If you are looking for juicy movement carried on cross-cultural currents, there’s no choreographer more satisfying than Ronald K. Brown. When he dances, a force seems to lift him upward but also keep him close to the Earth. Chalk it up to the African-infused vocabulary that comes naturally to him. He’s trained his company to dance with the same commitment, but to my eye, no one dances quite like Brown himself.
So, for a special treat during the 30th anniversary of his company Evidence, which starts today, he is performing a solo, Through Time and Culture, made last year.
Ron K. Bown's Evidence in The Subtle One, photo by Ayodele Casel.
In this feature story, written during Evidence’s 25th anniversary, Karyn Collins traces Brown from a little boy who made his first dance after seeing an Ailey performance, to the 18-year-old who started his own company, to the sought-after choreographer he has become. She also talks to the dancers about how they transfer the "gumbo' of global dance forms that reside naturally in his body to their bodies.
This video collage of his work over time shows his dancers performing his movement—deliciously—plus a short clip of his own dancing. Like gospel music, his choreography is guided by both struggle and spirituality.
In this "Choreography in Focus," which Ron and I shot in 2012, he talks about admiring Mary Anthony’s dances because they were “about people." He also describes how he got the entire cast of the Broadway musical Porgy and Bess up on their feet dancing—for which he won an Astaire Award. He even added a scene that helped define Broadway star Audra McDonald’s character through movement.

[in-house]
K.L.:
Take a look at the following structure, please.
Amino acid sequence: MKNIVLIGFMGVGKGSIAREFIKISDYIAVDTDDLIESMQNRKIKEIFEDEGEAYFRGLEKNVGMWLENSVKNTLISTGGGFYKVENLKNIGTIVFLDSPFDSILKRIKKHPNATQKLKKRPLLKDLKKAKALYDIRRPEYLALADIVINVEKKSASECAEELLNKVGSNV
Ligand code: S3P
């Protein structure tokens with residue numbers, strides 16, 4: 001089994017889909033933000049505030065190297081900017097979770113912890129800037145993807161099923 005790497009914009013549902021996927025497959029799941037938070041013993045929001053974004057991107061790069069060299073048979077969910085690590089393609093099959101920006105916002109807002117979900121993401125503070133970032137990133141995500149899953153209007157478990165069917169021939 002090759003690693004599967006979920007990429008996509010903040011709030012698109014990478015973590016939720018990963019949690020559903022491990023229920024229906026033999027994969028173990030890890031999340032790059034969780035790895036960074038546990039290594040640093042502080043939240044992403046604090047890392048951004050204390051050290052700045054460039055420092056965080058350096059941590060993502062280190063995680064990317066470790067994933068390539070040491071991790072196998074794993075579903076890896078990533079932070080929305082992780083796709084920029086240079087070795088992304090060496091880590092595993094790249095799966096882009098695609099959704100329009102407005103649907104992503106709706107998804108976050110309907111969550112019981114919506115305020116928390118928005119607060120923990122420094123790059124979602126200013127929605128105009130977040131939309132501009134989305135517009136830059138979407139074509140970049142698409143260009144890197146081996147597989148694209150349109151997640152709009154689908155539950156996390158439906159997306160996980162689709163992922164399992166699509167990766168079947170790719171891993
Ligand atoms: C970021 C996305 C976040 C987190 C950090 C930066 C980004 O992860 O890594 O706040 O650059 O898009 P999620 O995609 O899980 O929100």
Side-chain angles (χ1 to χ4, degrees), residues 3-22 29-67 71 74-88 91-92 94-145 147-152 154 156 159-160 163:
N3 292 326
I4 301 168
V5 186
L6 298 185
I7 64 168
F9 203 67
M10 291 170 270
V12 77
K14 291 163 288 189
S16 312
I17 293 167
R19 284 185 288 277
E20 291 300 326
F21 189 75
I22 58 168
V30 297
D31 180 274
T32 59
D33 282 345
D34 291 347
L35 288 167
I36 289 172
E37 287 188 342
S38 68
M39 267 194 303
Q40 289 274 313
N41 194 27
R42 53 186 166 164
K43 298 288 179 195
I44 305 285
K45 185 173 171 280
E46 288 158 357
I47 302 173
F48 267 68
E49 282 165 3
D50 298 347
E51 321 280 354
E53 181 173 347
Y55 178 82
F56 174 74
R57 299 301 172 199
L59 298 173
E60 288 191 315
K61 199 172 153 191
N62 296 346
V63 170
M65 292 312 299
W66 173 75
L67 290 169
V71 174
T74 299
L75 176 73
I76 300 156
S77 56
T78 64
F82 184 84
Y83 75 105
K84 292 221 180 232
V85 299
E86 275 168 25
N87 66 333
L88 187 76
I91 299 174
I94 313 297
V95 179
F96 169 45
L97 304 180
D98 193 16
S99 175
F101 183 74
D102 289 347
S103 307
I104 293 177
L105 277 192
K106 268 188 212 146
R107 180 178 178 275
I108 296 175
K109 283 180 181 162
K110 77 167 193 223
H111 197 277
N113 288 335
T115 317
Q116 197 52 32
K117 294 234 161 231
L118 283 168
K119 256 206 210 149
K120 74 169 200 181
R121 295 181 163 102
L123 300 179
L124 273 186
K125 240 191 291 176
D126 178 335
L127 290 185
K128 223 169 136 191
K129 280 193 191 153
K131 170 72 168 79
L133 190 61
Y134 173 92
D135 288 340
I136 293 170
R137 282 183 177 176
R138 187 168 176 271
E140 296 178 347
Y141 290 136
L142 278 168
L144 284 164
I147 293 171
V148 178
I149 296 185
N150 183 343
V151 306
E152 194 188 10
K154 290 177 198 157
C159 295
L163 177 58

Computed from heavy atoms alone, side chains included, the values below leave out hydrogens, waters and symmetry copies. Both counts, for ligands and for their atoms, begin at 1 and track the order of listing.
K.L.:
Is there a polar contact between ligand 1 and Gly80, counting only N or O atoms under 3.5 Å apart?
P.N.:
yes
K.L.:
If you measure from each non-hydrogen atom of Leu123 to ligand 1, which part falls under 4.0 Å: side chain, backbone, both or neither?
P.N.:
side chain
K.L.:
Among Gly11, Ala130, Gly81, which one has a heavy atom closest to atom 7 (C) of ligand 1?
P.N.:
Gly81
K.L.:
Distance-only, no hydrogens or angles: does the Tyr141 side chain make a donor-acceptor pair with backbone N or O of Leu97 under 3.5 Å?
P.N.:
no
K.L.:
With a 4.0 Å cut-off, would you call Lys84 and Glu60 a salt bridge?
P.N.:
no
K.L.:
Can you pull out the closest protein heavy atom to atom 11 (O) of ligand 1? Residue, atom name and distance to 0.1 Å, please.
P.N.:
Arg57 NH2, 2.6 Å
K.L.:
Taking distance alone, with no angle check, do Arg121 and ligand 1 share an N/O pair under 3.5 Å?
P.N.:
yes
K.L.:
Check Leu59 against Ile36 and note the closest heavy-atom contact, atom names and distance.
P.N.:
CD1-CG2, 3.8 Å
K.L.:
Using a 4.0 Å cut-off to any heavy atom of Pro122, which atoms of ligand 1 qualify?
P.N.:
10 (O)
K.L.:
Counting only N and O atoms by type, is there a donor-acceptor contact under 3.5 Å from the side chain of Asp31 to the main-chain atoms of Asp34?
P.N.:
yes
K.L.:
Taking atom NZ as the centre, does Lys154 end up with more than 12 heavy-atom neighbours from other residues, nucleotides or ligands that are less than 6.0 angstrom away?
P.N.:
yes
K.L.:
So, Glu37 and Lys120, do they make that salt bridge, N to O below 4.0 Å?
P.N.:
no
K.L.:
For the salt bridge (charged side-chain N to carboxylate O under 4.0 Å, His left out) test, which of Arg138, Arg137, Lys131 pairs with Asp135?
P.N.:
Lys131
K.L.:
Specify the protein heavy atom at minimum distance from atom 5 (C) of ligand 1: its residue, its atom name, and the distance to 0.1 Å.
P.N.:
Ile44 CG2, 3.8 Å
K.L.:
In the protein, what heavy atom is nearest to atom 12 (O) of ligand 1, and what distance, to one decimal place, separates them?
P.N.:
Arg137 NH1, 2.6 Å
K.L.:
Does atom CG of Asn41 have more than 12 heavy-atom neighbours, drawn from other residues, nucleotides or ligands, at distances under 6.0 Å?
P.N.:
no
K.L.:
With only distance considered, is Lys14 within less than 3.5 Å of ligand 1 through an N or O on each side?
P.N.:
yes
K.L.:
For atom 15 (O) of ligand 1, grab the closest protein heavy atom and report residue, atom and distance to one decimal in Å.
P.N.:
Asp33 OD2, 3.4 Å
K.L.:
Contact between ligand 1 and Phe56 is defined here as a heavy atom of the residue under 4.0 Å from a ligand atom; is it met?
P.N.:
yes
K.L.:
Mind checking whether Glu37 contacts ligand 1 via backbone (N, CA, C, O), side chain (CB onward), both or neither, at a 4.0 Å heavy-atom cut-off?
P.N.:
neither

One thing is sure: Of all the choreographers whose companies have made it to 30, Ron Brown is the youngest.
Evidence brings two programs to the Joyce, February 24 to March 1. For tickets, click here.
Devon Teuscher performing the titular role in Jane Eyre. Photo by Gene Schiavone, Courtesy ABT
Story ballets that debut during American Ballet Theatre's spring season at the Metropolitan Opera House are always the subject of much curiosity—and, sometimes, much debate. Cathy Marston's Jane Eyre was no different. The ballet follows the eponymous heroine of Charlotte Brönte's novel as she grows from a willful orphan to a self-possessed governess, charting her romance with the haughty Mr. Rochester and the social forces that threaten to tear them apart.
While the ballet was warmly received in the UK when Northern Ballet premiered it in 2016, its reception from New York City–based critics has been far less welcoming. A group of editors from Dance Magazine and two of our sister publications, Dance Spirit and Pointe, sat down to discuss our own reactions.